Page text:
magistrates to sign each deposition; but it is right to observe that, although this course seems to be pointed out so clearly by the 17th section of the 11 & 12 Vict. c. 42, it is not expressly required by the form M. in the appendix to the act. The 28th section also declares that the "several forms in the schedule, or forms to the same or like effect, shall be deemed good, valid, and sufficient in law ;" and this raises the question how far the omission in the form, as sanctioned by the 28th section, is affected by the 17th section, and how far matter in the nature of parol evidence may and ought to be imported into the form in order to explain, complete, and reconcile it with the 17th section. It is unnecessary to pursue this inquiry; but the safe and strictly legal practice is apprehended to continue as it existed before the statute, and that, in the words of Lord Denman, "it is the magistrate's duty to sign every deposition (the witness having first signed it) as the proceedings go on." 1
The depositions before a magistrate against a prisoner must be taken in the presence both of the magistrate and of the prisoner; and nothing should be returned as a deposition against the prisoner unless the prisoner had an opportunity of knowing what was said, and an opportunity of cross-examining the person making the deposition.2
But it is said not to be necessary that the prisoner should be present at the examination before a coroner, in order to render the deposition admissible. This appears to be doubtful.3
The depositions of witnesses who have been examined on behalf of the prisoner, ought to be returned with the depositions of the witnesses for the prosecution; but they are not, apparently, evidence for the prisoner.4 If the depositions are lost without fraud or gross
1 R. v. Lord Mayor of London, 5 Q. B. 564. 2 Lord Denman, R. v. Arnold, 8 C. & P. 621. 3 Wels. Cr. Pr. 210; 2 Phill. 109.
4 2 Phill. 103.
negligence before trial, and cannot be found after diligent search, they may be proved by a copy produced and certified by the magistrate's clerk; and now, probably, under 14 & 15 Vict. c. 99, s. 14, any duly examined copy would be admissible.
Every deposition against a prisoner ought to be taken down in writing whether any case is made out or not; and Jervis, C. J., has declared it to be " a practice quite illegal and highly improper," not to take down in writing every such deposition. Accordingly, the court will require distinct evidence that it has not been so taken down, before it will admit secondary parol evidence of anything that was said on an examination before a magistrate.2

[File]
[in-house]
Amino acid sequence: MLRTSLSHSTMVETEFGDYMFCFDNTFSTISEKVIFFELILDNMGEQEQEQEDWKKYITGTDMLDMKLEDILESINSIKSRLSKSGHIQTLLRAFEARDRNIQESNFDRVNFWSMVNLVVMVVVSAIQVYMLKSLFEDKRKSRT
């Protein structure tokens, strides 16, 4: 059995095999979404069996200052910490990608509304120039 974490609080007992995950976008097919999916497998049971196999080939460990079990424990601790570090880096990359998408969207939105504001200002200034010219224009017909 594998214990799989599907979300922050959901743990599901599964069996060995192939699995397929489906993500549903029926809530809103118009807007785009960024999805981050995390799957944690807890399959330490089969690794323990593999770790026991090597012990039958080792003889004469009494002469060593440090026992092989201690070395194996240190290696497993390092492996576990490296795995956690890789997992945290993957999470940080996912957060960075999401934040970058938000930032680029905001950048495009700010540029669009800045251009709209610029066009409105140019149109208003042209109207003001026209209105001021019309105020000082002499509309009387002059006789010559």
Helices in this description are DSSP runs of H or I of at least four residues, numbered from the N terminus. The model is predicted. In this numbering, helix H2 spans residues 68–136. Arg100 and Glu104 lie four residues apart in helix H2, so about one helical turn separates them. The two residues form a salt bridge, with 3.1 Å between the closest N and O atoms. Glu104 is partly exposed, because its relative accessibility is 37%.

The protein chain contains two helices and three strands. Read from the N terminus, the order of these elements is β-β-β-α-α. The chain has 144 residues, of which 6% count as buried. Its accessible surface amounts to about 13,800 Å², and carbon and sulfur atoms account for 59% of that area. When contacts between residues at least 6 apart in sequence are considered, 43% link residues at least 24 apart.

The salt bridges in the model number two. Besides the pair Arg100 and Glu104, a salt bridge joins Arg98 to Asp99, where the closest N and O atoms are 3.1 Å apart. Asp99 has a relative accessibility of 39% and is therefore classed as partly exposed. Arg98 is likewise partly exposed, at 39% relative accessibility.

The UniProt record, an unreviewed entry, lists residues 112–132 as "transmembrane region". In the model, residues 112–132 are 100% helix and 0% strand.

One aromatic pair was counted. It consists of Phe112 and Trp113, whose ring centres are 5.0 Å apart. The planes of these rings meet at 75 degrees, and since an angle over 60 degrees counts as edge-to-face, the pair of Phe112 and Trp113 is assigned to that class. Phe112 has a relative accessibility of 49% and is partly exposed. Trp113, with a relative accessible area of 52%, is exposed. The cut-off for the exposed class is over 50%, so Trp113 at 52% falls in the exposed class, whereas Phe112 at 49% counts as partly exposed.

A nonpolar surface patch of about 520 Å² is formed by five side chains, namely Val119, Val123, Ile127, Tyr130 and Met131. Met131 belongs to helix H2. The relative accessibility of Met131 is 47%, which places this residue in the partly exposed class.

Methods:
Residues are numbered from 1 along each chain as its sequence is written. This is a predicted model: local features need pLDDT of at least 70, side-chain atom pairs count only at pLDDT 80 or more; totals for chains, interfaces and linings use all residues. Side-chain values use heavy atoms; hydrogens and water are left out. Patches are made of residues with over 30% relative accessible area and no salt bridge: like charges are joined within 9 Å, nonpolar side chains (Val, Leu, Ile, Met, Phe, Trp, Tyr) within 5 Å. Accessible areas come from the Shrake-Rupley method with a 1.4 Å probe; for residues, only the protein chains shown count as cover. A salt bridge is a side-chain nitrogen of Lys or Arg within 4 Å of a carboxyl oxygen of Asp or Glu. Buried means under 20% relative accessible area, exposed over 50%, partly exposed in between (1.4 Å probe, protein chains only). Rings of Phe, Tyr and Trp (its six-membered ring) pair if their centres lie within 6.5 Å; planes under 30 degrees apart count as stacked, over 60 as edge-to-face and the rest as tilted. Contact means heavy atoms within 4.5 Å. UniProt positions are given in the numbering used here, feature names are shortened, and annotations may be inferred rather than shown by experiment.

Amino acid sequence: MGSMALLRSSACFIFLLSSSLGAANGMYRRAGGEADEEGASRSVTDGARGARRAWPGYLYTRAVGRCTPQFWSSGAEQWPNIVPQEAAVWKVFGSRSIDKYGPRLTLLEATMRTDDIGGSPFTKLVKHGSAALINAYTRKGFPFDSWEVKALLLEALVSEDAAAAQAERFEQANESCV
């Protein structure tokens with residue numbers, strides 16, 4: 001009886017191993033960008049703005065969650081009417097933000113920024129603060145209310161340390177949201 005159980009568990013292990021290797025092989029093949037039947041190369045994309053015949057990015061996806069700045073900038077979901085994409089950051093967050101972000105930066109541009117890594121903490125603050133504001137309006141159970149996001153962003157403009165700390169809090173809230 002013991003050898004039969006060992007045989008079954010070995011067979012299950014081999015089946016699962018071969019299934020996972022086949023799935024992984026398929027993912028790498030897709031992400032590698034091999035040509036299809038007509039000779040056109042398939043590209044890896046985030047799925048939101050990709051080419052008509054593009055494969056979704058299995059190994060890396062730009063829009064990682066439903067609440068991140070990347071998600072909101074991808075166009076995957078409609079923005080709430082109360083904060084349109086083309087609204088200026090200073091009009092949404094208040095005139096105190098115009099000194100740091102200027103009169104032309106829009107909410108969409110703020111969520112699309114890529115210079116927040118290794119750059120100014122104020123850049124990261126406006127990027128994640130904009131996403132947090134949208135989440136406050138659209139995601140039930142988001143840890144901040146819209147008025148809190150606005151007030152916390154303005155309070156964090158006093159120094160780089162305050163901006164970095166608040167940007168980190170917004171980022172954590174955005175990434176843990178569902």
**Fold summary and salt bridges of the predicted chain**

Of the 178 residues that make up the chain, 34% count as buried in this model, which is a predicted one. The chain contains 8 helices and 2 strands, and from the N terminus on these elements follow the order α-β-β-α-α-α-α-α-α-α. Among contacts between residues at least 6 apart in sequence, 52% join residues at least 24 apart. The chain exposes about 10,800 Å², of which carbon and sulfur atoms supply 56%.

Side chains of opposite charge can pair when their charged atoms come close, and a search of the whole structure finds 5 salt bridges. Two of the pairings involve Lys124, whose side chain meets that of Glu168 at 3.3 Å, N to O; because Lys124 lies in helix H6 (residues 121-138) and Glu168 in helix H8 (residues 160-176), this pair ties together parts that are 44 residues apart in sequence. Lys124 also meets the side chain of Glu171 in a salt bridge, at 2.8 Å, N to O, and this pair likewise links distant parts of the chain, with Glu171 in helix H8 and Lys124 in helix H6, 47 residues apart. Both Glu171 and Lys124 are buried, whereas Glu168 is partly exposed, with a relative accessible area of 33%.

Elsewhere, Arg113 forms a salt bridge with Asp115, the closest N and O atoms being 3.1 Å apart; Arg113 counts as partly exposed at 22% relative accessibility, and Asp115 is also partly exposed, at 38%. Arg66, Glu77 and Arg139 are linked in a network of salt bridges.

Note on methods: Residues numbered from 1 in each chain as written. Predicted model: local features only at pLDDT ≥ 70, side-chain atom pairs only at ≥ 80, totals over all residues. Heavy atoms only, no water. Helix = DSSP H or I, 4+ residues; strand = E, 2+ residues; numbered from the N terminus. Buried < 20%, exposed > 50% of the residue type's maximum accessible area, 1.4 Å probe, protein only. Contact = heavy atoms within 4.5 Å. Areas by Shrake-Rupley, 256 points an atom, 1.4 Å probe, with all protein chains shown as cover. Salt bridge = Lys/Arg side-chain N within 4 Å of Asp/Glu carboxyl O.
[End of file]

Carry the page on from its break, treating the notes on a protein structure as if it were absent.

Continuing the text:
THE PRISONER'S STATEMENT.
This will be limited, as to its admissibility in the first instance, by the principle laid down in the chapter on Confessions, but, generally subject to the statutory provisions which are about to be mentioned, a voluntary statement made by a prisoner before a magistrate, ought to be reduced into writing, and read as evidence against, or for, him in the case for the prosecution at trial.
By the 11 & 12 Vict. c. 42, s. 18, it is enacted : "that after the examination of all the witnesses on the part of the prosecution shall have been completed, the justice of the peace, or one of the justices by or before whom such examination shall have been so completed, shall, without requiring the attendance of the witnesses, read or cause to be read to the accused, the depositions taken against him, and shall say to him these words, or words to the like effect :
"Having heard the evidence, do you wish to say anything in answer to the charge? You are not obliged
1 R. v. Shellard, 9 C. & P. 277.
2 Parsons v. Brown, 3 C. & K. 295.